In our last international trade brief, we explained the implications of the U.S. administration announcing that it would no longer continue the suspension of Title III of the Cuban Liberty and Solidarity Act of 1996. In this international trade brief, we discuss the European Court of Justice decision that the investor-state dispute resolution mechanism in the Canada-European Union Comprehensive Economic and Trade Agreement (CETA) is compatible with EU primary law, and the ratification process to fully implement CETA.

In an opinion released on April 30, 2019, the European Court of Justice (the ECJ) confirmed that the investor-state dispute resolution mechanism[1] set up by the Canada-European Union Comprehensive Economic and Trade Agreement (CETA) is compatible with EU primary law.

As we have previously discussed, CETA is a comprehensive and progressive free trade agreement that covers most aspects of the Canada-EU economic relationship and is intended to significantly increase trade and investment ties between Canada and the EU. Section F of Chapter 8 establishes an investor-state dispute settlement (the ISDS Mechanism), which enables investors to enforce their rights against the host state of the investment before an international arbitration tribunal. The ISDS Mechanism within CETA provides for novel procedures in several respects including by setting up an institutionalized appellate system, which could then become part of a multilateral investment system with an investment court.

The ISDS Mechanism became a flashpoint during CETA’s negotiation. In particular, the Belgian regional government of Wallonia threatened to block CETA from being signed, backing down only when the Belgium federal government undertook to seek an opinion from the ECJ on whether the ISDS Mechanism was compatible with EU legal framework, including fundamental rights.

In its recent opinion, the ECJ found that the ISDS Mechanism was compatible with EU primary law on the basis that it:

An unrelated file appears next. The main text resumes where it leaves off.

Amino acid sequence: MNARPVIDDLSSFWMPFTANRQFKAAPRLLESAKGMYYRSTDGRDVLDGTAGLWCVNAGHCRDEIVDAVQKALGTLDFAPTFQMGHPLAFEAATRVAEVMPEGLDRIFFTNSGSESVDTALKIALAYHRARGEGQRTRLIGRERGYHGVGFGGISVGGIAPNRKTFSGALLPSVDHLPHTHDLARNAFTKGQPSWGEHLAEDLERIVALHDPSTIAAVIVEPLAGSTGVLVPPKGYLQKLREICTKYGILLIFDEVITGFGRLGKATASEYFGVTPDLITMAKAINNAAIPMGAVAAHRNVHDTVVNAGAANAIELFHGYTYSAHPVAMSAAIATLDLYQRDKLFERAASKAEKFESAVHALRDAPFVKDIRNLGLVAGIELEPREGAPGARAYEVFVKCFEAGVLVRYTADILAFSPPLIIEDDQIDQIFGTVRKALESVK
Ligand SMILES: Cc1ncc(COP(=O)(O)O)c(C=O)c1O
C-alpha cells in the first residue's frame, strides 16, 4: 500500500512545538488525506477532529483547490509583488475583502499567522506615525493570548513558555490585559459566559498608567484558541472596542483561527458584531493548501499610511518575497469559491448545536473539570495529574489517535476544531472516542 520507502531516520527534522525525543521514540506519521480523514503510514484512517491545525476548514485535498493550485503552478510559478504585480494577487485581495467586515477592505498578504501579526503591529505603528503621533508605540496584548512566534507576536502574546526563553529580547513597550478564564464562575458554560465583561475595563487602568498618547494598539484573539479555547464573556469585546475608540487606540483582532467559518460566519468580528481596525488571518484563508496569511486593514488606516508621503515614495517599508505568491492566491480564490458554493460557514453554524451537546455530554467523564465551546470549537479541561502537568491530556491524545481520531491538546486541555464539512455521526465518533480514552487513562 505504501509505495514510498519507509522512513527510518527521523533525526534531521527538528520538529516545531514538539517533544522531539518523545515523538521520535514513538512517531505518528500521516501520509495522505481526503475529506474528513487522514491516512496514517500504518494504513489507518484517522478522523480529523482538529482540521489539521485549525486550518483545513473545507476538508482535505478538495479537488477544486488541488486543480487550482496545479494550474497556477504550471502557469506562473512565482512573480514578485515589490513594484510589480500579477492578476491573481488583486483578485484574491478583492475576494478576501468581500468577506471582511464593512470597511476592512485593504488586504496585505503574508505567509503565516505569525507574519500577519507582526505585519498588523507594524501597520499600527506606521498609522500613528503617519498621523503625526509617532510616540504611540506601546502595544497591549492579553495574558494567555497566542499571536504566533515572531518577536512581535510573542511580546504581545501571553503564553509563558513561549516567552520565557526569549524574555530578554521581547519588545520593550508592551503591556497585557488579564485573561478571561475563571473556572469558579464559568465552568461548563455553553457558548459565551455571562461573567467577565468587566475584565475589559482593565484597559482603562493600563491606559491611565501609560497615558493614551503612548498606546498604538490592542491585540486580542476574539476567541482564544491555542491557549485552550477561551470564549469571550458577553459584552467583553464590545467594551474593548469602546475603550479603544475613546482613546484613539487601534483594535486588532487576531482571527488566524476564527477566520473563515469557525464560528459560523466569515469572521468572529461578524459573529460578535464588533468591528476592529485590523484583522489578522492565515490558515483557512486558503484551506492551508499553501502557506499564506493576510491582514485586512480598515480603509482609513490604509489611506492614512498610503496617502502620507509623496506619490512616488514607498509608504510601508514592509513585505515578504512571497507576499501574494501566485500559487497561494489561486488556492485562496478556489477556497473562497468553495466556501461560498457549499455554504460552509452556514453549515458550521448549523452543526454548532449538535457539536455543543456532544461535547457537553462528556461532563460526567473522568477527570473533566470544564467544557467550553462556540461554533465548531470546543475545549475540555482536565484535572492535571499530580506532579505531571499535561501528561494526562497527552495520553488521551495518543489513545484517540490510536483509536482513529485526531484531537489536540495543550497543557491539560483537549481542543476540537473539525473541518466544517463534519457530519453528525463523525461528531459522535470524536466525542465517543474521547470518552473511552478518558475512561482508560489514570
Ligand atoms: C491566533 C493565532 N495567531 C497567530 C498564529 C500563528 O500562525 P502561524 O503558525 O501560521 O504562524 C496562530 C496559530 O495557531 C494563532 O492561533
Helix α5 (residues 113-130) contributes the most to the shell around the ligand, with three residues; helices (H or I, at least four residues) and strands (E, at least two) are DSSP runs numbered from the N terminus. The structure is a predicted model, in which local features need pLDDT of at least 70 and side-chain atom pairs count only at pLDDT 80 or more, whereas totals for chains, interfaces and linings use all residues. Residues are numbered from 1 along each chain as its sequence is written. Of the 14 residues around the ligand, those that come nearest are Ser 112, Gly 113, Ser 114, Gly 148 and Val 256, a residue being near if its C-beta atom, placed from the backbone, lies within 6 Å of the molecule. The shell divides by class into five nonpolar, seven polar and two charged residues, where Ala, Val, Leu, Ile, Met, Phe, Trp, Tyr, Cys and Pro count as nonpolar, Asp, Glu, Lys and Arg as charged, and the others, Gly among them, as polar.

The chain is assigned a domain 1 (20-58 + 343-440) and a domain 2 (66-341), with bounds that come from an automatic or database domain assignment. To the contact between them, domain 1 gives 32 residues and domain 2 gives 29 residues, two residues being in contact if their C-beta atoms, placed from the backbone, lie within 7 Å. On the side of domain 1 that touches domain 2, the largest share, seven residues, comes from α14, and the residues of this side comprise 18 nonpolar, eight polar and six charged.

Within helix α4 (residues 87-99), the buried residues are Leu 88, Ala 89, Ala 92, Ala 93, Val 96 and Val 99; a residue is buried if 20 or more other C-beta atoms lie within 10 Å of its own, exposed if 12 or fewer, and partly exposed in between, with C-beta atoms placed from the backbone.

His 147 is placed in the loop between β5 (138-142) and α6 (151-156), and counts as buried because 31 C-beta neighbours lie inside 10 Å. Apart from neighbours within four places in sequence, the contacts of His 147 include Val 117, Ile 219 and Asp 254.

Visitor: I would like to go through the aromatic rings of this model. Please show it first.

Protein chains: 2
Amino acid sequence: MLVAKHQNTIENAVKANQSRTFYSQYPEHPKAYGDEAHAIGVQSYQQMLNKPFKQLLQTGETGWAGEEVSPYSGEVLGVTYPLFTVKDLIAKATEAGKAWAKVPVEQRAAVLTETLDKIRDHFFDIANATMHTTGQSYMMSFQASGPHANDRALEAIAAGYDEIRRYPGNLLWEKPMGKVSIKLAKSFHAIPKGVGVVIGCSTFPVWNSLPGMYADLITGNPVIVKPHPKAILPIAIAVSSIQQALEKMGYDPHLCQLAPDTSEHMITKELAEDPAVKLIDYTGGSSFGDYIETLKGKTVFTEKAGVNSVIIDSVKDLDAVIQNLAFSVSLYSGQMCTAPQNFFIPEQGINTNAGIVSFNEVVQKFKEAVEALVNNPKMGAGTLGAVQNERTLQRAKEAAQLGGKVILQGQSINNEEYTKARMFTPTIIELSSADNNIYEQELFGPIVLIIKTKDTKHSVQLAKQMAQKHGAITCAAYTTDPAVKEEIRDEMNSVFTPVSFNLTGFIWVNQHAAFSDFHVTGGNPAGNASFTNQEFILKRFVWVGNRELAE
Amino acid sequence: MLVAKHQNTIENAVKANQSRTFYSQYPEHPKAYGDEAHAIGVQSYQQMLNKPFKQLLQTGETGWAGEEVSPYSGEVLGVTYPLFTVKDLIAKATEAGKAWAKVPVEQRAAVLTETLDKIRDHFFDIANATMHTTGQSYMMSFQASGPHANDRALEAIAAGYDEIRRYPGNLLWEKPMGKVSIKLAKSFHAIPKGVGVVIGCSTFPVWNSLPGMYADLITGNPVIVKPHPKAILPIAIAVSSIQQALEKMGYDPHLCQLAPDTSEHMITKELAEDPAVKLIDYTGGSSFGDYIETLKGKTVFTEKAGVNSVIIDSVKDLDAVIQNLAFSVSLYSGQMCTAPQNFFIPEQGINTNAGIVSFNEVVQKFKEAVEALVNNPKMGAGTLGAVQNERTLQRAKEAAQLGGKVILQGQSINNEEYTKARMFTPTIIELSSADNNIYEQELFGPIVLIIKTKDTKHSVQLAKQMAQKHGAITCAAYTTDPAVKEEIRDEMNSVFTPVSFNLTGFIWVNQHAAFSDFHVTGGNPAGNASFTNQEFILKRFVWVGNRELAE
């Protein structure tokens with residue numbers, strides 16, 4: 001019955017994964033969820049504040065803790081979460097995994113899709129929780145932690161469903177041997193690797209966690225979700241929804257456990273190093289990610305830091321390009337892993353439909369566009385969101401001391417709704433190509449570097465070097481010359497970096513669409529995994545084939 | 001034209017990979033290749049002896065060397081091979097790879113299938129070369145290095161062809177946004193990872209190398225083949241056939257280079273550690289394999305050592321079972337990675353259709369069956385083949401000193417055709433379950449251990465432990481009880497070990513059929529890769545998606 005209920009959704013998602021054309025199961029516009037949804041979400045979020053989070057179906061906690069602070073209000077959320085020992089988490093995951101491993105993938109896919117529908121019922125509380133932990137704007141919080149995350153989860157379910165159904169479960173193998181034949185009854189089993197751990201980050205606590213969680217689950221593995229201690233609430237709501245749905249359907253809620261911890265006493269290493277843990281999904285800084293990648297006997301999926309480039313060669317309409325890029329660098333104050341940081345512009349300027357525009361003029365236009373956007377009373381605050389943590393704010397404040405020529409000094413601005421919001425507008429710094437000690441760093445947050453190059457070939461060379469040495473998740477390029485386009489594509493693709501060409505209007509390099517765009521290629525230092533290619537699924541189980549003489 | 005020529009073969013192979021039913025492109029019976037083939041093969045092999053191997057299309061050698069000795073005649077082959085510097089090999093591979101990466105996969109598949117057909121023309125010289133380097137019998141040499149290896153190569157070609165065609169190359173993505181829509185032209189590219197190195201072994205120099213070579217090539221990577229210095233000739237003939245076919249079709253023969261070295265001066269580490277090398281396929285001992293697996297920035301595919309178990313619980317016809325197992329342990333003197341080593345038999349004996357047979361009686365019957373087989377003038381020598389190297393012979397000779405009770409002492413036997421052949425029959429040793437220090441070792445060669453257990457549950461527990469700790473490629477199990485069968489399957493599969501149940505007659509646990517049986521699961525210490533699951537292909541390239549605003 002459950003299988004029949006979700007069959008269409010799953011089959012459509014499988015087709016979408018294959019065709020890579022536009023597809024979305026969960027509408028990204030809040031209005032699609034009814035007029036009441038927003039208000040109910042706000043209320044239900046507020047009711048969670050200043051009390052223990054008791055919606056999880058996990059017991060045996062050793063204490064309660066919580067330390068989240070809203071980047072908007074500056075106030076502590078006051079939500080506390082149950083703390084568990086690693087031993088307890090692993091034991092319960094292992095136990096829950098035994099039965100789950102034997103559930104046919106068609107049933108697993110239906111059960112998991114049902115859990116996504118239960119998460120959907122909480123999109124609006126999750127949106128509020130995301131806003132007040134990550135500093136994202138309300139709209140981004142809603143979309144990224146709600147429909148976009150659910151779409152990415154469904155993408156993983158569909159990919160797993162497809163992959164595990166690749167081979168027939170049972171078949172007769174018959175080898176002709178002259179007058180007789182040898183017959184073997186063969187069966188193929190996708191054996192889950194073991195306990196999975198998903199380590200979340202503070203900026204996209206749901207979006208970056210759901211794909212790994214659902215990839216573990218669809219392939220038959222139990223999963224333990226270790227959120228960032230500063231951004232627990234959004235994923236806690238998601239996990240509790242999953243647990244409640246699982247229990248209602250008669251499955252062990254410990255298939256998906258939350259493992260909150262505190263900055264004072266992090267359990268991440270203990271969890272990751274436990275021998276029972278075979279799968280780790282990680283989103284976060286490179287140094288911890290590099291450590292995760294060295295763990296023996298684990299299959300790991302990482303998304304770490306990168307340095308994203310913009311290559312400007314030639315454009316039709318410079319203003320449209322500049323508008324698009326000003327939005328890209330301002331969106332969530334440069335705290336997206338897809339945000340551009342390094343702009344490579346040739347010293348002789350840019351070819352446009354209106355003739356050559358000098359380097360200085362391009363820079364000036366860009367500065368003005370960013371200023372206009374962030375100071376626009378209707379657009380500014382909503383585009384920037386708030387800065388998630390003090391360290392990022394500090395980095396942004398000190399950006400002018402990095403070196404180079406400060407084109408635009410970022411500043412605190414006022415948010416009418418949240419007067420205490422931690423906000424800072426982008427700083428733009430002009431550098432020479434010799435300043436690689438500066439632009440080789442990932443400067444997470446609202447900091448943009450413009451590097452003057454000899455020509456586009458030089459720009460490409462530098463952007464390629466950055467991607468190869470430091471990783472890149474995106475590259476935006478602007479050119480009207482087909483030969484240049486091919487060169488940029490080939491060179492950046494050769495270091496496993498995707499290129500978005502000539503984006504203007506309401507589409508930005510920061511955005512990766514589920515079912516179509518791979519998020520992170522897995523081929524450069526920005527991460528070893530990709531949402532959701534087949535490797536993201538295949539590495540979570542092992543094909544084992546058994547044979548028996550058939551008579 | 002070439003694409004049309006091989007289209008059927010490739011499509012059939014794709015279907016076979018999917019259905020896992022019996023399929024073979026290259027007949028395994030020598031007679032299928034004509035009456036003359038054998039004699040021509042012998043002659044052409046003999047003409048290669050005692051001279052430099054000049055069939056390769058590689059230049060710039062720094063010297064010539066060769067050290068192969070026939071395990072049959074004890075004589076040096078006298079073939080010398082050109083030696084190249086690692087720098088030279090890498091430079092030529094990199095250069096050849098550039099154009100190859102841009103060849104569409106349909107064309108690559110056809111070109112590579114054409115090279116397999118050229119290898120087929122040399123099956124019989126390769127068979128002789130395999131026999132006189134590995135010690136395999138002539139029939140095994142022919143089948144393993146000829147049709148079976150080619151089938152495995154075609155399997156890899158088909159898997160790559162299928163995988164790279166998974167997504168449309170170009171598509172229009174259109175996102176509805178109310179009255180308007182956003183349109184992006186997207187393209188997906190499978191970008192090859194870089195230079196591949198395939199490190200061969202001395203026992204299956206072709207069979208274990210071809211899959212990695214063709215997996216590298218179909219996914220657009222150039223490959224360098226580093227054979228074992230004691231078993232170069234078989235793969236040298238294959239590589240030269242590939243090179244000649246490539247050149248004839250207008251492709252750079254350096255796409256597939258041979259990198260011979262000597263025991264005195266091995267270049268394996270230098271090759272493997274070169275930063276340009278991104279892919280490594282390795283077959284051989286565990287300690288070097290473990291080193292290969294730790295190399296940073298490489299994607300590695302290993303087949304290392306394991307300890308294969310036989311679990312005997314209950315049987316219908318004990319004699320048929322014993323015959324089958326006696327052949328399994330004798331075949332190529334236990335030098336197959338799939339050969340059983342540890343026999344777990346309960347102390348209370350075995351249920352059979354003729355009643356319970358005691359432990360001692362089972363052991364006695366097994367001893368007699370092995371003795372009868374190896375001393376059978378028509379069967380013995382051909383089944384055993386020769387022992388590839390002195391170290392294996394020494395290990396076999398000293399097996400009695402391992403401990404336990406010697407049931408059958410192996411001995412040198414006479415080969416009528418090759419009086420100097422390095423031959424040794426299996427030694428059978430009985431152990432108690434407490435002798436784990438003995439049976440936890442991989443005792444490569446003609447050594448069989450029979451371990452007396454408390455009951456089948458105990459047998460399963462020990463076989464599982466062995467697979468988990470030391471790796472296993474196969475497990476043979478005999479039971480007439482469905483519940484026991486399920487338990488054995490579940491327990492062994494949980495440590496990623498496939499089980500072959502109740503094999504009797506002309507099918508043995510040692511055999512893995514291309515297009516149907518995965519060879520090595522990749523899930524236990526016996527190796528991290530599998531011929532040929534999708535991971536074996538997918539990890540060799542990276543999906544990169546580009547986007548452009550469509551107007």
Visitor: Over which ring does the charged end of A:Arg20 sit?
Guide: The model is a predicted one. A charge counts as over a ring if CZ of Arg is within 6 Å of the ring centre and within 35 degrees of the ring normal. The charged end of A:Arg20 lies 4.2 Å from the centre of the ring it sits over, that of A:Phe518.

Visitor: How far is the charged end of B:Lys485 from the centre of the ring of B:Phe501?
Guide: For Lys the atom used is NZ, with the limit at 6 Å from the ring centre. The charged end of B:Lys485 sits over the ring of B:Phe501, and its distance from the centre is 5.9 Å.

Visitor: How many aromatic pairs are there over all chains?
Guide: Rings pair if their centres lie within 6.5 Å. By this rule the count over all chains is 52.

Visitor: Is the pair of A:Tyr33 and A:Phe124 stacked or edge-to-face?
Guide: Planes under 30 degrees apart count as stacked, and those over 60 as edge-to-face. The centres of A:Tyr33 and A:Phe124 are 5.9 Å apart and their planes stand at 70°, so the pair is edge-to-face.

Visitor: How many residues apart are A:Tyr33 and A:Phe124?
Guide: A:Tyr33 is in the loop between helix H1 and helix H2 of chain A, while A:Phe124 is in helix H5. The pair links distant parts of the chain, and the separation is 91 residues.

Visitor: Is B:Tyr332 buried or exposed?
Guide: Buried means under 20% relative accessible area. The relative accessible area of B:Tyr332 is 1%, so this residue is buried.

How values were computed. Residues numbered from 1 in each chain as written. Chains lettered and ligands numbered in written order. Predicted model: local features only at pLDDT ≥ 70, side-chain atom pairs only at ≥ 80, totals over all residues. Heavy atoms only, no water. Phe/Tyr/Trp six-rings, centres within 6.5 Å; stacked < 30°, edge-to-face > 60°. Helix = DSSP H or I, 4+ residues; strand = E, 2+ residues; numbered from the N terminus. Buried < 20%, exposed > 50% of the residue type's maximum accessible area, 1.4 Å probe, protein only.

• did not conflict with the EU’s legal order or the ECJ’s exclusive jurisdiction over questions of EU law;
  • did not infringe the general principles of equality and the “practical effect” requirement of EU law; and
  • was compatible with the right of access to courts and the right to an independent and impartial judiciary.

The ECJ’s decision paves the way for the full implementation of CETA in the EU. CETA is currently provisionally in effect within the EU pending ratification from certain member states. As noted in a recent media article, a number of states had postponed their ratification of the agreement pending the release of the ECJ opinion. Therefore, the Court’s positive opinion is expected to further efforts to obtain full ratification of CETA and bring it into final force.

Early data from Statistics Canada indicates that CETA has already boosted trade between Canada and the EU, although it appears that EU businesses captured greater benefits than Canadian businesses.

Canada’s trade ties are still overwhelmingly focused on the United States, which sources about 75% of Canada’s total merchandise exports. CETA has been championed by the Canadian government as one of the ways in which Canada can diversify its international trade and investment opportunities. The government’s efforts toward diversification have extended beyond the EU and include countries that are members of the CPTPP.